Creating a treeview Part 2. Reading real directories and implementing lazy loading

Published on: February 15, 2014 Written by: Thokozani Mhlongo

We will be continuing from our last post on this treeview series. In this part we are going to be including lazy loading using server side programming (PHP), and AJAX. This demonstration is based on a folder within my local computer and this  is how it looks like on from the root directory:

Now from our previous treeview html file we will remove the markup that we manually put to create out treeview because we are going to populate it dynamically. But before we do anything client-side, let's first go look at things from the server end. We will create a script that reads the root directory and look at the result a bit (we will be using JSON). The result we will get from this script will tell us everything about each treeview node on the view (as it should be).

Our PHP script

This code is responsible for reading directories and producing the necessary JSON to make out treeview.


 * @author Thokozani
 * @copyright 2013

    $file_structure = array();
    $exlusions = array('.' , '..' , '...');
    $extention_exlusions = array(''); //Any exluded file extensions should be put here
    $file_extensions = array('.html' , '.htm' , '.jpg' , '.jpeg' , '.gif' , '.png' , '.tif' , '.bmp' , '.tmp' , '.txt' , '.sql' , '.css' , '.js' , '.php' , '.less', '.xml' , '.zip', '.rar');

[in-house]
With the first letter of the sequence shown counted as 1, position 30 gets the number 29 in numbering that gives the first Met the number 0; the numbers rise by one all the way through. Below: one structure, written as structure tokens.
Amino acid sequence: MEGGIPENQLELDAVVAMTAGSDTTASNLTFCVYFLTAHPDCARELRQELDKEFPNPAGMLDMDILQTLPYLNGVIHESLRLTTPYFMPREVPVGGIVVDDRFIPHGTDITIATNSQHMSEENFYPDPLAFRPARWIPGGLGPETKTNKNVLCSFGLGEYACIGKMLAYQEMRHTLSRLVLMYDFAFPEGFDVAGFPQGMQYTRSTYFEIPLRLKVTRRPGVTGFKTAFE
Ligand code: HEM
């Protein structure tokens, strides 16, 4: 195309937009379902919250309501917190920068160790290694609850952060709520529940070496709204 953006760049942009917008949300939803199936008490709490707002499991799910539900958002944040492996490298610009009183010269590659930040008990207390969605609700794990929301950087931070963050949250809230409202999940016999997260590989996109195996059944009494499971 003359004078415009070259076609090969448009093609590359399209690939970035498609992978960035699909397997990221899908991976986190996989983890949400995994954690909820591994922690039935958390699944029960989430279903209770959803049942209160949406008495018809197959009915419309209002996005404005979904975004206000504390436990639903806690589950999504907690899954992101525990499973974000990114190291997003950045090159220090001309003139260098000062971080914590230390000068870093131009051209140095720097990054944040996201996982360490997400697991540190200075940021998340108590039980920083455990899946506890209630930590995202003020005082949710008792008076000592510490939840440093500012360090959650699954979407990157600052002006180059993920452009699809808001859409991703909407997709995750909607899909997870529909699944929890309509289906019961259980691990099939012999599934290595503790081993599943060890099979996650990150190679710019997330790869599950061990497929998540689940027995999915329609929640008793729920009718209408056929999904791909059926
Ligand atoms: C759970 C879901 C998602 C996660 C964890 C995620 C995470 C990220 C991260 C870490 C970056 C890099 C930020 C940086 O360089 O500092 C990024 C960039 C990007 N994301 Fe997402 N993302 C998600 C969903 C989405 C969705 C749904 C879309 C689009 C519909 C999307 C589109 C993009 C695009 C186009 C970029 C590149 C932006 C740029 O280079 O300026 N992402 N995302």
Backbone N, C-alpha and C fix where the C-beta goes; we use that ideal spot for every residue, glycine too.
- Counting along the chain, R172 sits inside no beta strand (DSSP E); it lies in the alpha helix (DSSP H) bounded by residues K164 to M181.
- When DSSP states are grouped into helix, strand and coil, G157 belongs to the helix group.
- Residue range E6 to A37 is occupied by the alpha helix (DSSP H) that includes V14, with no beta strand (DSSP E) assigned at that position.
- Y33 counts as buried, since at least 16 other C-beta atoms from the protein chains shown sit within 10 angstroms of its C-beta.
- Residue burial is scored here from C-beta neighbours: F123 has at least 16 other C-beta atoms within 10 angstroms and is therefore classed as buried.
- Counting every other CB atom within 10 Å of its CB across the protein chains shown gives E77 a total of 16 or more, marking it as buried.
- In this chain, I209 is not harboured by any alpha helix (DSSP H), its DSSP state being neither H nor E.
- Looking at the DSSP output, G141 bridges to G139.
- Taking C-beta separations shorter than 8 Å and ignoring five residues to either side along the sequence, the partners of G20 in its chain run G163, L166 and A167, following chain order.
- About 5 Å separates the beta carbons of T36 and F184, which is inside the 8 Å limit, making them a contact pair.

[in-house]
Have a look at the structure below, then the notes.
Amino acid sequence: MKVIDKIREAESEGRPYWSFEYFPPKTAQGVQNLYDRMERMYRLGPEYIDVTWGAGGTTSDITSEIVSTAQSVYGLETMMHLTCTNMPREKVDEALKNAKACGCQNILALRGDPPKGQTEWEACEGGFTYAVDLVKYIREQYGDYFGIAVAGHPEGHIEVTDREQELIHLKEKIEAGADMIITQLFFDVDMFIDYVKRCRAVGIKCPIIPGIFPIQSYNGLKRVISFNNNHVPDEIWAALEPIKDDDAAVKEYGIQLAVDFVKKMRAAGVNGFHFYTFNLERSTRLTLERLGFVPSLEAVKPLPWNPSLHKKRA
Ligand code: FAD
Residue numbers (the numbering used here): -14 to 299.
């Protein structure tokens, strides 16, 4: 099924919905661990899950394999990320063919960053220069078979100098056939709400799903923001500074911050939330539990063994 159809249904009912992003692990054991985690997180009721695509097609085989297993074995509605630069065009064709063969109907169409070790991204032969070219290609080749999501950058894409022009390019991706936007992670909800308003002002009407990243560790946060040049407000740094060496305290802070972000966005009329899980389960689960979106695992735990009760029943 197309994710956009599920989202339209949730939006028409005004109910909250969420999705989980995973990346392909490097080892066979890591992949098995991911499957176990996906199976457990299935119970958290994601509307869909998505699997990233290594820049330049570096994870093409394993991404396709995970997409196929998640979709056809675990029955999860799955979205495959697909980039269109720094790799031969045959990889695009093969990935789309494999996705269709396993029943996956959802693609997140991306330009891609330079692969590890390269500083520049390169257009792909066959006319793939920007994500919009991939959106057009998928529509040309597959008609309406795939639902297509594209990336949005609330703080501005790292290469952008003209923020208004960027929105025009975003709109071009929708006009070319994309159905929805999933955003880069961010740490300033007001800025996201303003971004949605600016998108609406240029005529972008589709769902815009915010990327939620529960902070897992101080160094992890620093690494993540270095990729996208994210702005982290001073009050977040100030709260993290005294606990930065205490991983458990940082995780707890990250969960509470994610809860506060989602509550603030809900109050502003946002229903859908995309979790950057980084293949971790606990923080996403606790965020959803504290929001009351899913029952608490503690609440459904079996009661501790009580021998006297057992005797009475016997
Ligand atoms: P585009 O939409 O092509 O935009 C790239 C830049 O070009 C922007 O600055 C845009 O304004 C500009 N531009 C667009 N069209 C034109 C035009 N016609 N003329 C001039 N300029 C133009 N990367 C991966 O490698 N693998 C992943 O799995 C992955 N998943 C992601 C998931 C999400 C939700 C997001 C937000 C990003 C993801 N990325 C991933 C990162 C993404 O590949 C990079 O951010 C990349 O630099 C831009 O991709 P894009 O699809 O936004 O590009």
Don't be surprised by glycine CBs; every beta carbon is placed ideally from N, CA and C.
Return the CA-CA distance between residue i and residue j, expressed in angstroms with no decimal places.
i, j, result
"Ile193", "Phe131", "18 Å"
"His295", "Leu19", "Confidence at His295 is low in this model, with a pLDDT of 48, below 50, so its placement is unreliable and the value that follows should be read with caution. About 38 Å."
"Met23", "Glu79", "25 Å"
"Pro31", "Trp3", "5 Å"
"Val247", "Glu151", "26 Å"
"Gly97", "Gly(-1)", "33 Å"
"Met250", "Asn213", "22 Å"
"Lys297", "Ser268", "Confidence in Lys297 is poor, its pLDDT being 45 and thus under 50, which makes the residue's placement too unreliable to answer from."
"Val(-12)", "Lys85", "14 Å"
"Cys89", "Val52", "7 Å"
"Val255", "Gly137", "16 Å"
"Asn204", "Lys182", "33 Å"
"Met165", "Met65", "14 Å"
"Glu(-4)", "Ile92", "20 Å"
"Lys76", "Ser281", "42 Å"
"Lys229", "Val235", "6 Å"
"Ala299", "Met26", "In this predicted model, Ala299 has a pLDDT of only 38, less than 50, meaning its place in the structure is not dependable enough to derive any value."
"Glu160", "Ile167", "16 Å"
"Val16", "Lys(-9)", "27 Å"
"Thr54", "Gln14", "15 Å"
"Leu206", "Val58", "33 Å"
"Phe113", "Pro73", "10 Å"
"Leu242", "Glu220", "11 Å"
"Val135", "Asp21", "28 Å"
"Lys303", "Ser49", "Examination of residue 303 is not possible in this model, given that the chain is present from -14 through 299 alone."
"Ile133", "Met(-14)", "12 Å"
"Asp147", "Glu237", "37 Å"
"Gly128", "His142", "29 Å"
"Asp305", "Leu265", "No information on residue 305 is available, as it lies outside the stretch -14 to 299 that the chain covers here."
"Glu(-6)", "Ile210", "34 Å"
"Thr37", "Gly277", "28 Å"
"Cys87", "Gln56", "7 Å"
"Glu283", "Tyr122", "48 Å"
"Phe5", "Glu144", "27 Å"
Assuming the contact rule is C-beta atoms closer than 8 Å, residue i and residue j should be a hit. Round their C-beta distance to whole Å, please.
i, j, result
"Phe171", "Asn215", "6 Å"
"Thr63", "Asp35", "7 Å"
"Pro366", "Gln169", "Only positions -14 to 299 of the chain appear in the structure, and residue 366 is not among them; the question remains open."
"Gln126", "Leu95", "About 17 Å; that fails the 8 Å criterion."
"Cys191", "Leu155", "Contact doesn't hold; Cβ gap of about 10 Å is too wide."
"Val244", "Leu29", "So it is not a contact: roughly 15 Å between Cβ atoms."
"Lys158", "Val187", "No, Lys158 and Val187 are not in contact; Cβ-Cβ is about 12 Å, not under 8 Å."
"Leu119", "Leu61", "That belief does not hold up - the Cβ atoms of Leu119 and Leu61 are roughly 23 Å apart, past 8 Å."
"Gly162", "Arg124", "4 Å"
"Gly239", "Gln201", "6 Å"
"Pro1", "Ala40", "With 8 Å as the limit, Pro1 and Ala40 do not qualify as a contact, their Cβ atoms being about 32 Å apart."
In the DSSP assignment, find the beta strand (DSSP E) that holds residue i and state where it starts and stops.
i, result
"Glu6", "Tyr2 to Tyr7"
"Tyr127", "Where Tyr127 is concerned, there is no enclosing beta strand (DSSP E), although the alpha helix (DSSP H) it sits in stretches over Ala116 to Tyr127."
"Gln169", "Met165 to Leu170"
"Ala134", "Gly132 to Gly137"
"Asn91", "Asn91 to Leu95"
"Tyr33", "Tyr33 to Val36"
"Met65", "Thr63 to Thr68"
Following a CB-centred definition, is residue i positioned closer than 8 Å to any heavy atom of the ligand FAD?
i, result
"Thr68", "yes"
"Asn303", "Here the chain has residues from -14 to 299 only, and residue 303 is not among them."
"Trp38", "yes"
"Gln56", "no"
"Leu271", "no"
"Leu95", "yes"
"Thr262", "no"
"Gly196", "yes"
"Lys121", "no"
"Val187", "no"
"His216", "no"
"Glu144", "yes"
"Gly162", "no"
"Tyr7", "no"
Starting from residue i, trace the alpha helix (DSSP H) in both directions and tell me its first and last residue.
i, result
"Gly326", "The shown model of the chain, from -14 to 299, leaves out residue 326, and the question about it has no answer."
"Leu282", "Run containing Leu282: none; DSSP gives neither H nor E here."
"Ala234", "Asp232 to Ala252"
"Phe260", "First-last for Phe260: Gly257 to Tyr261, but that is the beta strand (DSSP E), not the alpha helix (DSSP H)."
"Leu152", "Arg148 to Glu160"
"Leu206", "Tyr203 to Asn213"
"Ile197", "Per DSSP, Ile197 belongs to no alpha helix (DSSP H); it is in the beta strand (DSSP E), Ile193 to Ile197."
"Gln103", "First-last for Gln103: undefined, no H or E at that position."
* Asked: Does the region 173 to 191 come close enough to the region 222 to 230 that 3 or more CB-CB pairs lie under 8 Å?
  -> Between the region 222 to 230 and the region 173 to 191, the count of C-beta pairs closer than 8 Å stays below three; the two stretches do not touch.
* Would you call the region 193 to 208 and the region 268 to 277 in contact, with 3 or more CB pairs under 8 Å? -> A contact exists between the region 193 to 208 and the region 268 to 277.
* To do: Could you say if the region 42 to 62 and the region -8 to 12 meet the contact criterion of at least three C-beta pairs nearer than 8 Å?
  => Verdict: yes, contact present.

$ROOT_DIR = 'C:/xampp/htdocs/treeviewDemo'; //My root folder
    if(!empty($_POST)) $ROOT_DIR = $_POST['key']; //Else if a directory to load from is given
    $directories = scandir($ROOT_DIR);
    $topLevel = sortByFolder( $directories , $file_extensions , $exlusions , $extention_exlusions );
    for( $i = 0; $i < count($topLevel); $i++ ) {
        $file_structure[$i]['title'] = $topLevel[$i];
        $file_structure[$i]['key'] = "{$ROOT_DIR}/{$topLevel[$i]}";
        if( !isFile($topLevel[$i] , $file_extensions ) ) {
            $file_structure[$i]['isFolder'] = true;
            $file_structure[$i]['isLazy'] = true;
        } else $file_structure[$i]['isFolder'] = false;
    header('Content-type: application/json');
    echo json_encode( $file_structure );
    /** Is it a file? */
    function isFile( $item , $file_extensions ) {
        if( strrpos($item , ".") > 0 ) {
            $needle = strtolower ( substr($item , strrpos($item , ".")) );
            if( in_array($needle , $file_extensions) ) return true; //Its a file
            else return false; //Its a folder
        else return false; //Its a folder
    function getExtension( $item ) {
        return strtolower ( substr($item , strrpos($item , ".")) );
    function sortByFolder( $directories , $file_extensions , $exlusions , $extention_exlusions ) {
        $folder = array();
        $file = array();
        for($i = 0; $i < count( $directories ); $i++) {
            if( !in_array($directories[$i] ,$exlusions) ) { //If it is not the items that need to excluded.
                    if( isFile( $directories[$i], $file_extensions ) ) {
                        $tmpCheck = explode('.' , $directories[$i]);